Organized Panel Session
The papers in this panel interrogate the concept of “everyday technology” in post-War Asian history. Drawing upon evidence from China, India, and Japan, they illustrate how local work in realms as diverse as hydraulic management, furniture manufacturing, and data collection had wide-ranging economic, political and socio-cultural implications. In doing so, the papers pay as much attention to questions of innovation and creativity as they do to cultures of maintenance, repair, and refurbishment. Bringing together this diversity of perspectives—both geographic and thematic—will generate a fruitful dialogue on the place of (everyday) technologies in Asian history.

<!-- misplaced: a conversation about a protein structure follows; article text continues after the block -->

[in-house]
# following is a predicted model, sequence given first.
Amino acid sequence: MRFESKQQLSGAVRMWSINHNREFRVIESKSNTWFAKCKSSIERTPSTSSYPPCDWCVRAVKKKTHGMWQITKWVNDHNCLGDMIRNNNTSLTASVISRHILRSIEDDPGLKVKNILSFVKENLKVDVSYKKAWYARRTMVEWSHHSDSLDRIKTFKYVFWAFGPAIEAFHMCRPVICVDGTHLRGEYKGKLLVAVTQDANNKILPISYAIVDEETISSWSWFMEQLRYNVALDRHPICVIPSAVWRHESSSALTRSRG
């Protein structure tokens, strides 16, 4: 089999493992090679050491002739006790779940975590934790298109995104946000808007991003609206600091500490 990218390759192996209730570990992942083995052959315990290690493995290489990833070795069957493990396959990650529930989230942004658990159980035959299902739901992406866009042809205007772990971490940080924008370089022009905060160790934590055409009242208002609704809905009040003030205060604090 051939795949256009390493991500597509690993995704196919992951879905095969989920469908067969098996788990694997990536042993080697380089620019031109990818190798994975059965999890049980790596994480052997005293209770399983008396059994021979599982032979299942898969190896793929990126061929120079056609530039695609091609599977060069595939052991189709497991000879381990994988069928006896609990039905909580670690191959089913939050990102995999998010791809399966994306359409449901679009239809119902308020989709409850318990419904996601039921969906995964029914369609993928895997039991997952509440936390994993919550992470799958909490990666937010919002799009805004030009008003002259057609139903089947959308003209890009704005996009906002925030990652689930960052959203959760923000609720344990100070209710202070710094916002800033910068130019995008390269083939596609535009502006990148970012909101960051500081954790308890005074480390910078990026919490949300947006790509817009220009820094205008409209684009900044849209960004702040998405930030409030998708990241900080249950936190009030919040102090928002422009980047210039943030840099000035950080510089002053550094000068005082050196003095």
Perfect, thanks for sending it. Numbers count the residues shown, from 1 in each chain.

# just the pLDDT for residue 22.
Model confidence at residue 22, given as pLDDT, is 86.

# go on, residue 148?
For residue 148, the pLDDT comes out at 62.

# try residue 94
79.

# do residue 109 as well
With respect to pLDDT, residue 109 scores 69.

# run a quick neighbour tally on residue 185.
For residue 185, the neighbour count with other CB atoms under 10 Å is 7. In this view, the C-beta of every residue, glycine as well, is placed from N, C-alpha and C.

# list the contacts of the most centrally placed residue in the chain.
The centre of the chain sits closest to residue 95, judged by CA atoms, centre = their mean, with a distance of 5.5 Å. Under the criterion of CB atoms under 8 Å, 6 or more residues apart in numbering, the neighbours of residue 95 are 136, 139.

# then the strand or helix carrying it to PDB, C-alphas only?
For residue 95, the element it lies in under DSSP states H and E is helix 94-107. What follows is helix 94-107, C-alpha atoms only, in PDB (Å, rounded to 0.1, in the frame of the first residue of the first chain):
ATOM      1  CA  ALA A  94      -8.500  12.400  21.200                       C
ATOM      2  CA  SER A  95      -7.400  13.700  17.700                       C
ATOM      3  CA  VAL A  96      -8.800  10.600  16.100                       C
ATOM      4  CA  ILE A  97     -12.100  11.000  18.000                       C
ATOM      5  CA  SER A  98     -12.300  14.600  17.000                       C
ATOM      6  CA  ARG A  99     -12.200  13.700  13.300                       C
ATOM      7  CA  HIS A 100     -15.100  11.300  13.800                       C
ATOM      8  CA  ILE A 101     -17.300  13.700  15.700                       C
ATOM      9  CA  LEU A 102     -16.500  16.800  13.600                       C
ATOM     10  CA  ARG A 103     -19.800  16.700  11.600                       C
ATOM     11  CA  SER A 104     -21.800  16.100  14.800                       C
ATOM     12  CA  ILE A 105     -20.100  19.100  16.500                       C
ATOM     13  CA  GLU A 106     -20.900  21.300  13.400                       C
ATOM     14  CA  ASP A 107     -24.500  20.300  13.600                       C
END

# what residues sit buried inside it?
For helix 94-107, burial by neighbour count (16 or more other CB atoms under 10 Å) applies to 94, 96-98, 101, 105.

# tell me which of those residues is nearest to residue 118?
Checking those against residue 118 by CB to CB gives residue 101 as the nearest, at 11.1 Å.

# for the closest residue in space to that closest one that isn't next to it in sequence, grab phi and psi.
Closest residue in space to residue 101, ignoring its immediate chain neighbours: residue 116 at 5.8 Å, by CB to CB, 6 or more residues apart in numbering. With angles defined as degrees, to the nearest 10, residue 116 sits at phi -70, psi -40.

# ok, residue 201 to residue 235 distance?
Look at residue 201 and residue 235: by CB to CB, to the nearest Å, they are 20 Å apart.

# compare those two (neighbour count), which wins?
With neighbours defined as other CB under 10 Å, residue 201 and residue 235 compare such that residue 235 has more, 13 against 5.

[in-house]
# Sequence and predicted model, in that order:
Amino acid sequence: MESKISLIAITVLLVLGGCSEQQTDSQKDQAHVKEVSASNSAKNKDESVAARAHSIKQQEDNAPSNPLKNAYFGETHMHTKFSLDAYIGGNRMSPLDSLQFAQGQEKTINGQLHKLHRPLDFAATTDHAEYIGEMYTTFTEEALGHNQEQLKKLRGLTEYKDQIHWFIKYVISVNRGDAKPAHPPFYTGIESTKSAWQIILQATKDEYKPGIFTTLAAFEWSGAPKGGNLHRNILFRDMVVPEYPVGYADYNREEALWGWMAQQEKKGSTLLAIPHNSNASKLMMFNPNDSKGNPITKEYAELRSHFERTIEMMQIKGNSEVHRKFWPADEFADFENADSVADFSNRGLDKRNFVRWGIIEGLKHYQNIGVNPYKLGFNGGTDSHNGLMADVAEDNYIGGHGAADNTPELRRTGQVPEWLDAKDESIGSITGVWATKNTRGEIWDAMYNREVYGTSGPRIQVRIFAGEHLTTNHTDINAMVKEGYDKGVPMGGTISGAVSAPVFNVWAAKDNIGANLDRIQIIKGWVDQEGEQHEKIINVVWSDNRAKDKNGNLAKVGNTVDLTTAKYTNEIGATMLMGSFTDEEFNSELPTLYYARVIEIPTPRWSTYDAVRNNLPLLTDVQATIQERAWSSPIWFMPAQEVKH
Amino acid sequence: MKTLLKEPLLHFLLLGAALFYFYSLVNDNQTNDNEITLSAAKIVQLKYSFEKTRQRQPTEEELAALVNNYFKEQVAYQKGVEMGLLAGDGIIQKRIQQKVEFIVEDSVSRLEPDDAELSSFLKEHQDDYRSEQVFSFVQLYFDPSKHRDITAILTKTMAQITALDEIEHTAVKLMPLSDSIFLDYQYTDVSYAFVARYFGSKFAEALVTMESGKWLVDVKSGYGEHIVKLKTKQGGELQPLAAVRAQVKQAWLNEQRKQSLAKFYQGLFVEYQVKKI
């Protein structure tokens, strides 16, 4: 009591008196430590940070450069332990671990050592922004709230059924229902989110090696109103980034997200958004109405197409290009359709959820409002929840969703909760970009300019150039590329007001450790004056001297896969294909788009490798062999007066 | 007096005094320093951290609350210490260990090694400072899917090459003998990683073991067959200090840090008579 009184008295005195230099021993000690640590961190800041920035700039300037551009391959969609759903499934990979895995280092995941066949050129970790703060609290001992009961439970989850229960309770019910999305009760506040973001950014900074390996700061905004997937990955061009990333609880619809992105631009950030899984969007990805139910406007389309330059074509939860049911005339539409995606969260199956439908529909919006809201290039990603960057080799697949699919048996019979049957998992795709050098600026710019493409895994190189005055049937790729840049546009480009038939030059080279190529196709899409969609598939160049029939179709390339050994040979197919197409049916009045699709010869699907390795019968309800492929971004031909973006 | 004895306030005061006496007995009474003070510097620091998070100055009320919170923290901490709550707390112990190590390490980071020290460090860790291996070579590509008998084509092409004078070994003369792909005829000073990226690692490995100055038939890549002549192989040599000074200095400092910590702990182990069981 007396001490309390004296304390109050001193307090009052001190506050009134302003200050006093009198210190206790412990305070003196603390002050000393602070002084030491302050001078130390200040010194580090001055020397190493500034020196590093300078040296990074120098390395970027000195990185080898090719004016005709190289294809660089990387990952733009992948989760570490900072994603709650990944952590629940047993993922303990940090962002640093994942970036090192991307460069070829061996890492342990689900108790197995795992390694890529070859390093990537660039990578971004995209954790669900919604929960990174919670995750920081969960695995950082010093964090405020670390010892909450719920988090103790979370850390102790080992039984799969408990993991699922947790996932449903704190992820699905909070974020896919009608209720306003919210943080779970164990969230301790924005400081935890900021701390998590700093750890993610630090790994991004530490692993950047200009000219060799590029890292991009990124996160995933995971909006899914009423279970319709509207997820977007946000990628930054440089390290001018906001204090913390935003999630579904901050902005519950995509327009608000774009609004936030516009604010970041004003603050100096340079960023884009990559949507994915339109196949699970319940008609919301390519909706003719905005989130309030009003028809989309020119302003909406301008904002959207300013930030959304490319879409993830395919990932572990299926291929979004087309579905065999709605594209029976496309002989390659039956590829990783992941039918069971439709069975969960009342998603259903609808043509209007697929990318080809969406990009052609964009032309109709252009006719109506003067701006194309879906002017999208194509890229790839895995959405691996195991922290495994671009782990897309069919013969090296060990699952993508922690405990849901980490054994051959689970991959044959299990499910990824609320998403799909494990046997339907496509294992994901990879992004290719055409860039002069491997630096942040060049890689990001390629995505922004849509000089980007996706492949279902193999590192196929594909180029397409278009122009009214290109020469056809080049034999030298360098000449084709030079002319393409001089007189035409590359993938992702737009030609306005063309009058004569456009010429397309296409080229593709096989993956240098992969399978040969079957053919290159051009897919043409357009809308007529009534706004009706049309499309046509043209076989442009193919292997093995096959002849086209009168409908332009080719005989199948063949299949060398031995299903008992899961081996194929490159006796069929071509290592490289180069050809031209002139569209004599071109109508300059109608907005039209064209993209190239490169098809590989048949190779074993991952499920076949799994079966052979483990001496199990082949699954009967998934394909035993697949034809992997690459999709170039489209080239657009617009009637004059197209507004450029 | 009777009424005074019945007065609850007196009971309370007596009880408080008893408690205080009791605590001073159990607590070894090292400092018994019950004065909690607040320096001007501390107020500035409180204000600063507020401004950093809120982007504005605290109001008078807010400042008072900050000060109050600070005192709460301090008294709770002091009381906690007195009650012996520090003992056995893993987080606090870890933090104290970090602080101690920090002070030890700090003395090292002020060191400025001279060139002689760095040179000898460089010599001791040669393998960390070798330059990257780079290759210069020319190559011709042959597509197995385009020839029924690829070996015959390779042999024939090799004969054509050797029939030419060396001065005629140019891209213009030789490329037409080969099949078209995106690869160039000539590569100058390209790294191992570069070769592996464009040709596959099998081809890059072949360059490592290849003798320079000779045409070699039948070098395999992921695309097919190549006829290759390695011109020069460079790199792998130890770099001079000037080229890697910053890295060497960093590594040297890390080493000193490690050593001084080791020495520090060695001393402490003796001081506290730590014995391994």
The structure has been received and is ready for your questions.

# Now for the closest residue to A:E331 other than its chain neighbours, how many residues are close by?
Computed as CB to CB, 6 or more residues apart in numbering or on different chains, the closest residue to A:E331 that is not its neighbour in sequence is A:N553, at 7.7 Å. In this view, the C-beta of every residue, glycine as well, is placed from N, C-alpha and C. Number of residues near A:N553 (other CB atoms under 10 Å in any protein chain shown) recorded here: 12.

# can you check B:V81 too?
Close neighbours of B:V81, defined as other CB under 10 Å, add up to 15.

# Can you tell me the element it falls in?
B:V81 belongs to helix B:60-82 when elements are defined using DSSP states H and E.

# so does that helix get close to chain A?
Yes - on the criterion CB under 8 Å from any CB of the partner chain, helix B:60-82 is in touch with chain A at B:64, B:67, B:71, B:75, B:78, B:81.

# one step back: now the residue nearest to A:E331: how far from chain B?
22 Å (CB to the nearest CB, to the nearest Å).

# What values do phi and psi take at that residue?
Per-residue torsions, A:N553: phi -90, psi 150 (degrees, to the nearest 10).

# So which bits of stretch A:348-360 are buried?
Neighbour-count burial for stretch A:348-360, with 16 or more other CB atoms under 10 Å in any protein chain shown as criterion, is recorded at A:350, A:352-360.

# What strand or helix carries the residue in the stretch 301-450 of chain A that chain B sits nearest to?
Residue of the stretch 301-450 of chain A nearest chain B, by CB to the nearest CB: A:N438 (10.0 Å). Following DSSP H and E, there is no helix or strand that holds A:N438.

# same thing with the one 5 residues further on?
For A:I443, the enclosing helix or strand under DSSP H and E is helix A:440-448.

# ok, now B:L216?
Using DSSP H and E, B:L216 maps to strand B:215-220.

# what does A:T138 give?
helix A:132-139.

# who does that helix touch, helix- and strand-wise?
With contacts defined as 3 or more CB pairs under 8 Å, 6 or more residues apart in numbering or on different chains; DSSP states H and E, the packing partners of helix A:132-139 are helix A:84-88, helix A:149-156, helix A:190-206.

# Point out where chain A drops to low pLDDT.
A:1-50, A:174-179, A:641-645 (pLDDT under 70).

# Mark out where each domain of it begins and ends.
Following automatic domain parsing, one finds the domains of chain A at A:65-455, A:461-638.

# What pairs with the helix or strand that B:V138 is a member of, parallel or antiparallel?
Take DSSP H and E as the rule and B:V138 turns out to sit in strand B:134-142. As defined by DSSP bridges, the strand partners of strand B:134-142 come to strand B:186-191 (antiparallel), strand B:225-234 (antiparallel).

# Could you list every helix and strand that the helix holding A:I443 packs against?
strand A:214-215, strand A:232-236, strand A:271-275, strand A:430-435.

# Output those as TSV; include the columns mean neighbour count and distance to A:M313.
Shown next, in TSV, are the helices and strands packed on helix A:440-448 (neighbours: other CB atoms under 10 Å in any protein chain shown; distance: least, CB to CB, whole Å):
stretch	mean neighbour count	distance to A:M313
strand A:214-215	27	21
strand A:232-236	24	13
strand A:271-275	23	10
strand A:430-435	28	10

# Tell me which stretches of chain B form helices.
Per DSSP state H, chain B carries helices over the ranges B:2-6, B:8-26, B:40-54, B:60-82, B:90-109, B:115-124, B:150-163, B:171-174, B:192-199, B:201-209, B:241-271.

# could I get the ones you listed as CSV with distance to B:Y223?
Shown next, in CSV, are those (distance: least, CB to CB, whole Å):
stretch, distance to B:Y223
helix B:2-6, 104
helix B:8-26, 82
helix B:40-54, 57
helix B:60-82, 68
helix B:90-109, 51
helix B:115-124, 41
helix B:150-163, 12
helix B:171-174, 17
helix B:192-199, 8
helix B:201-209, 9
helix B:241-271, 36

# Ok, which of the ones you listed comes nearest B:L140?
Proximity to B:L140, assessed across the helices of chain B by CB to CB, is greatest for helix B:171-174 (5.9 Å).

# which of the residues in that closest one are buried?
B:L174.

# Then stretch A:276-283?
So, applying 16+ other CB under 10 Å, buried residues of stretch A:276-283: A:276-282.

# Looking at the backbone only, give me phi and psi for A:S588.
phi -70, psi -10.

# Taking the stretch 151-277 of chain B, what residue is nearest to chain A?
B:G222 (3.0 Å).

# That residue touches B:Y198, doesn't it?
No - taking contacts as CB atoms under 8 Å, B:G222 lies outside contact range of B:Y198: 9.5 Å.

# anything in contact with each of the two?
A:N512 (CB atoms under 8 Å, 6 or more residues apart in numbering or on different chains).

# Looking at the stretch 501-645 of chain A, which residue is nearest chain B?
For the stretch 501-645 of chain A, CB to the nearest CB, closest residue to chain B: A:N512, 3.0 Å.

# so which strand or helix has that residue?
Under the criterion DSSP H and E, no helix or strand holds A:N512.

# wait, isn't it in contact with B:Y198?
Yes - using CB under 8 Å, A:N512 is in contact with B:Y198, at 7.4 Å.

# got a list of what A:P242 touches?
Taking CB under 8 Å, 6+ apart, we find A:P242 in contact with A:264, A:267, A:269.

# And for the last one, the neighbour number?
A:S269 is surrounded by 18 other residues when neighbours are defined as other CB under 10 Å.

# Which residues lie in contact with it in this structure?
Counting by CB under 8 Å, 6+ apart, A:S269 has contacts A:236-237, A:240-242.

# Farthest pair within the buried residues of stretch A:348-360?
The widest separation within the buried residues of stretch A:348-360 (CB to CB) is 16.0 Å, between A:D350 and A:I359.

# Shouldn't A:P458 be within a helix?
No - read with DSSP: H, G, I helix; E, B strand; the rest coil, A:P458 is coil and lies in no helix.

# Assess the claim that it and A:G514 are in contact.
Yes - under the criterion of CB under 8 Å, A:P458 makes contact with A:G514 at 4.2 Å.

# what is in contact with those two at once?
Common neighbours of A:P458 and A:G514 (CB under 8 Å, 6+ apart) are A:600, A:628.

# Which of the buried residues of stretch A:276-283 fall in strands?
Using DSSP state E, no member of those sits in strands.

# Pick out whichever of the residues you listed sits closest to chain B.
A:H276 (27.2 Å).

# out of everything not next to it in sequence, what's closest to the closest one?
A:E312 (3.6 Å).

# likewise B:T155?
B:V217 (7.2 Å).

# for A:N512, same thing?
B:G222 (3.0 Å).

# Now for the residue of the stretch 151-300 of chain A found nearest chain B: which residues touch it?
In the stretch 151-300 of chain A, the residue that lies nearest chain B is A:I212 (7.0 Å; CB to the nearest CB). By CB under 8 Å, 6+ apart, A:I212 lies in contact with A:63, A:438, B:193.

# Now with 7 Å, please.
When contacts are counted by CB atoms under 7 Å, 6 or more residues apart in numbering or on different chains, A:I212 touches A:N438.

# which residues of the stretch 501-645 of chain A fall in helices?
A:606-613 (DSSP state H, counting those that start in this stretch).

Moving past narratives that have focused on large-scale dam building, Ghosh examines people's handbooks to illustrate how small-scale dams and reservoirs were constructed and maintained by villagers in 1950s China. Teasley then asks how new machines and techniques of mechanization were localized in Japan during the 1950s and 1960s, revealing consumer and user interest but also resistance to promises of technological innovation. Moving to 1950s India, Menon traces the role of the state and state-sponsored statistical work in measuring and evaluating people's everyday material lives. Statistics, he shows, became a technology everyone had to contend with. While each of the first three papers deals to varying degrees with the introduction of new technologies, Altehenger explores the revival of individual carpentry work in the PRC during the 1960s and 1970s to demonstrate how traditional technologies of furniture manufacturing and repair became subjects of state sponsorship and criticism at the same time.